Students in a classroom (Representative image) | Flickr
Students in a classroom (Representative image) | Flickr
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New Delhi: Schools in Delhi have extremely high concentrations of harmful air pollutants like PM 2.5, PM 10 and carbon dioxide, much higher than the permissible limits recommended by the World Health Organization, a new study has found.

According to the study, conducted by the Centre of Excellence for Research on Clean Air (CERCA), IIT Delhi and the Society for Indoor Environment, the concentrations of these pollutants within school premises were 12-15 times higher than the WHO’s permissible standards of about 20 μg/m.

It further noted that the concentration of these pollutants peaked during recess time (12-2 pm) and at night.

The researchers said these pollutants were found in such high quantities in schools because of the constant use of chalk and duster and poor ventilation on these premises. The dust emitted from the use of chalks and dusters contributes to increased PM 2.5 and 10 levels that have nowhere to escape.

They also found that the total volatile organic compounds (TVOC) — compounds present in ambient air or emissions — levels were higher in schools due to construction activities. The CO2 levels in some of the schools also exceeded normal standards, which was attributed to poor ventilation and immediate environment.

The study, titled Project MAQUID (Monitoring of Air Quality in Urban Indoors in Delhi), was conducted between 15 October 2019 and 30 January 2020, when air pollution was at its peak in the national capital. The study was conducted across 37 important public indoor spaces including six schools, six colleges, six malls, six offices, six restaurants, six hospitals and a cinema hall.

At the launch of the study Friday, Professor Arun Sharma, president of the Society for Indoor Environment, said: “We tried to include as much geographical area as possible, including the trans-Yamuna area and the borders of Delhi. This was to ensure that a sample is taken from all kinds of areas with different factors influencing the air quality.”

Officials at IIT Delhi told ThePrint the study results couldn’t be published earlier because of the pandemic as data analysis couldn’t be done during the lockdown.


Also read: Global warming likely to rise to 3 degrees Celsius by 2100, well above Paris accord target — UN


Other locations

Colleges followed schools in terms of bad indoor air quality with PM 2.5 and PM 10 levels approximately 10-15 times higher than WHO standards. This was primarily due to the proximity to main roads and activities like cooking and smoking on campus.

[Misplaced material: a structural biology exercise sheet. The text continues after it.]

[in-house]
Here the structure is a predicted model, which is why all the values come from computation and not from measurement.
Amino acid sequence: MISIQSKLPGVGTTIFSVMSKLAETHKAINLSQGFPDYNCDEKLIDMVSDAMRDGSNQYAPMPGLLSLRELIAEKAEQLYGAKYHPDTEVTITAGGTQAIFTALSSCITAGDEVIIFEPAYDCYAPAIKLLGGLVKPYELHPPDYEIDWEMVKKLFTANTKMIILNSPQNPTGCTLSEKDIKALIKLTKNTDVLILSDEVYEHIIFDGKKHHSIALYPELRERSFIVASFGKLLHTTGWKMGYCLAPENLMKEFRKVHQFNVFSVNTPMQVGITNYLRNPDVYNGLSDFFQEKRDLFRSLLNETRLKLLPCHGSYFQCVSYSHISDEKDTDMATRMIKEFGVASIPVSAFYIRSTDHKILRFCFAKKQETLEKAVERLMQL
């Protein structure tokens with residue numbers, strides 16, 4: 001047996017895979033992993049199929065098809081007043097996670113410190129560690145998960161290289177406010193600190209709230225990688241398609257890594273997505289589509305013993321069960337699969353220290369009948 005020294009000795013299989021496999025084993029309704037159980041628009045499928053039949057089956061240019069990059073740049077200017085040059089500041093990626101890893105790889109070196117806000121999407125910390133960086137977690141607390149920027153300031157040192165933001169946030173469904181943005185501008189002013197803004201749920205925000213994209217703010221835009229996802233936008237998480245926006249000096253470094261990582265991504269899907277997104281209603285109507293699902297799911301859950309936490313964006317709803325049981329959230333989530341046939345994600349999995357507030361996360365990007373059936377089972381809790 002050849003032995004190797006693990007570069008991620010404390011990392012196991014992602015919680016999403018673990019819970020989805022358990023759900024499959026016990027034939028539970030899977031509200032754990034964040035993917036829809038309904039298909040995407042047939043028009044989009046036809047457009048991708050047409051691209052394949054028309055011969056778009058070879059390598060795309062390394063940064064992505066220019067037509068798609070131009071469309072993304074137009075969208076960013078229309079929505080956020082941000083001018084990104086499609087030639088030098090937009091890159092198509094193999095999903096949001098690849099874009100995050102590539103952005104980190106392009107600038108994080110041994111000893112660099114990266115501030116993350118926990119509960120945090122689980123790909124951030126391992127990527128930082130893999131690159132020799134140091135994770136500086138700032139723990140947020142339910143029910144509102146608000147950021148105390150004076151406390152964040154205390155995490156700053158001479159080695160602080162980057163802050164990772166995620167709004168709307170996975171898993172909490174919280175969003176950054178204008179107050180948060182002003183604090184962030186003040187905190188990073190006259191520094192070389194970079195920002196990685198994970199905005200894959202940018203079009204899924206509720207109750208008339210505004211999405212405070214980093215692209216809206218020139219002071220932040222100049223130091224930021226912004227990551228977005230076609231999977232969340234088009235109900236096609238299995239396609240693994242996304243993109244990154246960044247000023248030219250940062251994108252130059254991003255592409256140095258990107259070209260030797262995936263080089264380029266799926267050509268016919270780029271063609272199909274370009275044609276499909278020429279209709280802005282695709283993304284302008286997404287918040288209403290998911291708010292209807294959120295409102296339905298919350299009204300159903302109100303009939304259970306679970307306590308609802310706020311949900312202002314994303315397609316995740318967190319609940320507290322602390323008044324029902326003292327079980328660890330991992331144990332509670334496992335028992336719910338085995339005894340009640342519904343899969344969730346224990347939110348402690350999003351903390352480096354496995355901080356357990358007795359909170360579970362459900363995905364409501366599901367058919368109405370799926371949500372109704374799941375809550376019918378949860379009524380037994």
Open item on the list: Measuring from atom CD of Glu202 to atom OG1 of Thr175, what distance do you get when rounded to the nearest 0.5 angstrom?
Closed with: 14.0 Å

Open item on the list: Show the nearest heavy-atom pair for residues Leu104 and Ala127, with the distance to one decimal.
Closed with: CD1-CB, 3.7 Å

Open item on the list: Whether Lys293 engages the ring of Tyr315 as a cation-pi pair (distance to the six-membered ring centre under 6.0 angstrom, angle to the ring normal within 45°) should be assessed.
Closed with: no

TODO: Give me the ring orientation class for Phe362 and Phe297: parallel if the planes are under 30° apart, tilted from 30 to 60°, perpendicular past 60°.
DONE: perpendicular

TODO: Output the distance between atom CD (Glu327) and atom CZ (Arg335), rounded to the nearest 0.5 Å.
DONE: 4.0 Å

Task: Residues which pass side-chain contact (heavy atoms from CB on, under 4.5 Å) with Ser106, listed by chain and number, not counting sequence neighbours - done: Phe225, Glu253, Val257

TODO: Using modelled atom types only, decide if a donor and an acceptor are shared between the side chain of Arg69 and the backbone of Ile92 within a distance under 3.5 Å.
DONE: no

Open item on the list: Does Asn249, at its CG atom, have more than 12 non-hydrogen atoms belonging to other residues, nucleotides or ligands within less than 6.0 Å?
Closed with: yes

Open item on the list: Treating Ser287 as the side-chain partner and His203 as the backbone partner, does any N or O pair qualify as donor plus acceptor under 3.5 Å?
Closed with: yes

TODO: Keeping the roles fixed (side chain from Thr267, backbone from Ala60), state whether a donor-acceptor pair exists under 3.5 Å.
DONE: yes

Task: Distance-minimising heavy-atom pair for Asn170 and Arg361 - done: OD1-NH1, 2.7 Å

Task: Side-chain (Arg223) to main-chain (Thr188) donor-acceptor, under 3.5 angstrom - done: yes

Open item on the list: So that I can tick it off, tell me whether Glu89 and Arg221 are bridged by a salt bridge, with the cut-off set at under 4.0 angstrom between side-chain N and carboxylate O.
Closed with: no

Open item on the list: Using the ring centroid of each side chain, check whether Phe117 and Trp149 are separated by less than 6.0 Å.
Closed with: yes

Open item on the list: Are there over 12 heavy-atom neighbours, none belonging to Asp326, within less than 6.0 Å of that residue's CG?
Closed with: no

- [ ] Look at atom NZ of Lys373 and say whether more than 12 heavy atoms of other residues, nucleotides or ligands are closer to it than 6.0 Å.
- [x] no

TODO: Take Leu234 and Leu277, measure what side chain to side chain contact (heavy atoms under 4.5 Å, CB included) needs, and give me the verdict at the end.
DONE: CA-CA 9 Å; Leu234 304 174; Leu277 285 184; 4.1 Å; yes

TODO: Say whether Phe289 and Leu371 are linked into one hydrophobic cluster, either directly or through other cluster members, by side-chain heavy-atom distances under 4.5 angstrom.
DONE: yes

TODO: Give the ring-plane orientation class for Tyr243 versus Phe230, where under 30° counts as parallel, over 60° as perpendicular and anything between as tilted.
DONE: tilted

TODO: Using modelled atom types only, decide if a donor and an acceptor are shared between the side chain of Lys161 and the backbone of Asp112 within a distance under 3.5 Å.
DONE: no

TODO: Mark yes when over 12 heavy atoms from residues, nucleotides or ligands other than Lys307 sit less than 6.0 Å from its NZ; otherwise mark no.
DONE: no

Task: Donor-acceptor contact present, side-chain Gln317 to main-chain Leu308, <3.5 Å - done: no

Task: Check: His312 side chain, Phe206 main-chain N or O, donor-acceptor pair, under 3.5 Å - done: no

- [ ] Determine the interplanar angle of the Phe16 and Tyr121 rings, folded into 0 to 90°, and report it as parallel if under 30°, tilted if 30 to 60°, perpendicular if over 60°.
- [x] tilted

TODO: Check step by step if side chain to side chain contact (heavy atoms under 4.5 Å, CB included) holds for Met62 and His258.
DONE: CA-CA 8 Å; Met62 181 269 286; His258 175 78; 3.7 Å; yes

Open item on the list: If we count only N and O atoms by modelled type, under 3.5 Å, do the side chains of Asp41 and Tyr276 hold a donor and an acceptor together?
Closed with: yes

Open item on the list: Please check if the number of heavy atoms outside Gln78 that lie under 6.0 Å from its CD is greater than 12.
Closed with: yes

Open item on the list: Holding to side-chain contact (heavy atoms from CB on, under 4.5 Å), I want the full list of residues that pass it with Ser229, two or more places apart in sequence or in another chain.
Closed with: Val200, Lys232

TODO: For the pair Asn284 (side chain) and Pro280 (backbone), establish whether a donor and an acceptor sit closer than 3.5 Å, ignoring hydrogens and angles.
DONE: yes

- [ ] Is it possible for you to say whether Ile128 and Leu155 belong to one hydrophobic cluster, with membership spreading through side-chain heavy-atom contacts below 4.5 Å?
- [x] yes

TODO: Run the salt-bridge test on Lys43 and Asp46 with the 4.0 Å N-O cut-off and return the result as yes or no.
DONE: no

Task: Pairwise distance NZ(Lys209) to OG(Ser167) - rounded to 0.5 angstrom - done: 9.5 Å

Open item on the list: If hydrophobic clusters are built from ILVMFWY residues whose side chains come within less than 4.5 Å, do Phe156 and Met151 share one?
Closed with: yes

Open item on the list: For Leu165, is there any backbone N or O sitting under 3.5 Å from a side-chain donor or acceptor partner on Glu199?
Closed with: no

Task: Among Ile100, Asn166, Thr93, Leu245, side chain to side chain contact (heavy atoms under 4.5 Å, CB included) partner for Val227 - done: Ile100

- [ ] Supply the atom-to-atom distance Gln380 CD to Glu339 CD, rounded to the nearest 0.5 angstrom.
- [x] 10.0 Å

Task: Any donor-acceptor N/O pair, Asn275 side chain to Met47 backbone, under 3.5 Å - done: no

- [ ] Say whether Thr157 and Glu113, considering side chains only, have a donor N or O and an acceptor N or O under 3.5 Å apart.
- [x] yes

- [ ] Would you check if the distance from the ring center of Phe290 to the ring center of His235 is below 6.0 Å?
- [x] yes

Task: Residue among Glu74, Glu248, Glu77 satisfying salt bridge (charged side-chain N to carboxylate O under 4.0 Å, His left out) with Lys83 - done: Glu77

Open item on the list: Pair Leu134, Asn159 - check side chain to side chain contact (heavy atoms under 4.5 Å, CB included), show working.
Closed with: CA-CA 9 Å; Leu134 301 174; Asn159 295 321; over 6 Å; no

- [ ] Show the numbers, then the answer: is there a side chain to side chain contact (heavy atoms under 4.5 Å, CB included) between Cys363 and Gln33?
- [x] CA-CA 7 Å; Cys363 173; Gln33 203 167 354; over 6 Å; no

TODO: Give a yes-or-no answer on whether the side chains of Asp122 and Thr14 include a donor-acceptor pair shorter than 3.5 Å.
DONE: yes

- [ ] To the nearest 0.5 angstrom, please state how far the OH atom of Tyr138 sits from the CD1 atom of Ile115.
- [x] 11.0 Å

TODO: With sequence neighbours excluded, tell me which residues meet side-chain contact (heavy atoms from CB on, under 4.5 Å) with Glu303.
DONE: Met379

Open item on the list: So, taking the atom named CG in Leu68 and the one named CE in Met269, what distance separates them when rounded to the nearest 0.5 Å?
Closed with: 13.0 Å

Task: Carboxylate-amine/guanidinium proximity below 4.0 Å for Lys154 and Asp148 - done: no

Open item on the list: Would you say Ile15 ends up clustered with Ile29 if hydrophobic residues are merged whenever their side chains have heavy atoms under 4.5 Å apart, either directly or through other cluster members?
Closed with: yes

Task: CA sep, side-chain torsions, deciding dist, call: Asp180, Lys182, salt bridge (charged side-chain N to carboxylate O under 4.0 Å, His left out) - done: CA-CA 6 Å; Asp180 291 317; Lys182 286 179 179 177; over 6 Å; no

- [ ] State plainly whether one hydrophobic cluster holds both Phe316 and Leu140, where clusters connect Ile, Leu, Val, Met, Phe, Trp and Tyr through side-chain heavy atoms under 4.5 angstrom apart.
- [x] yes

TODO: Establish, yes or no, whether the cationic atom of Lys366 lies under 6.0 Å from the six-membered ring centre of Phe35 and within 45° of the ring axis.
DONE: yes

Restaurants were also found to have high TVOC levels due to the cleaning of tables and floor with chemicals.

Meanwhile, all offices also had PM 2.5 and PM 10 levels exceeding permissible limits. This was due to proximity to main roads. High occupancy and poor ventilation also contributed to high Co2 concentration.

According to Sharma, even hospitals did not have clean indoor air.

“Hospitals are supposed to be cleaner than all other buildings but we found high PM concentration there too. Surprisingly, smoking around hospitals was a major air pollutant,” he said.

The carbon dioxide levels in hospitals were also very high since patients and doctors are always present in the premises. It was worse in winters because buildings are closed instead of installing central heating systems.

The researchers stated that shopping malls had the cleanest indoor air among all public spaces surveilled, because of the size of the buildings and efficient functioning of central heating, ventilation and air conditioning systems.


Also read: Toxic smog that reduces lifespan to persist in India till March — climate change service


Recommendations of the study 

According to the study, the findings are extremely concerning.

“It is worrying that the air quality indoors is worse than that outside. Keeping this in mind it is essential that builders of public buildings consider ventilation as an important factor for the well being of individuals present inside,” the study noted.

It also recommended that setting up air sensors displaying the indoor air quality vis-a-vis the ambient air quality should be made mandatory.

Another important recommendation was the establishment of national standards for indoor air quality.


Also read: India’s use of coal power may have peaked in 2018, report says


 

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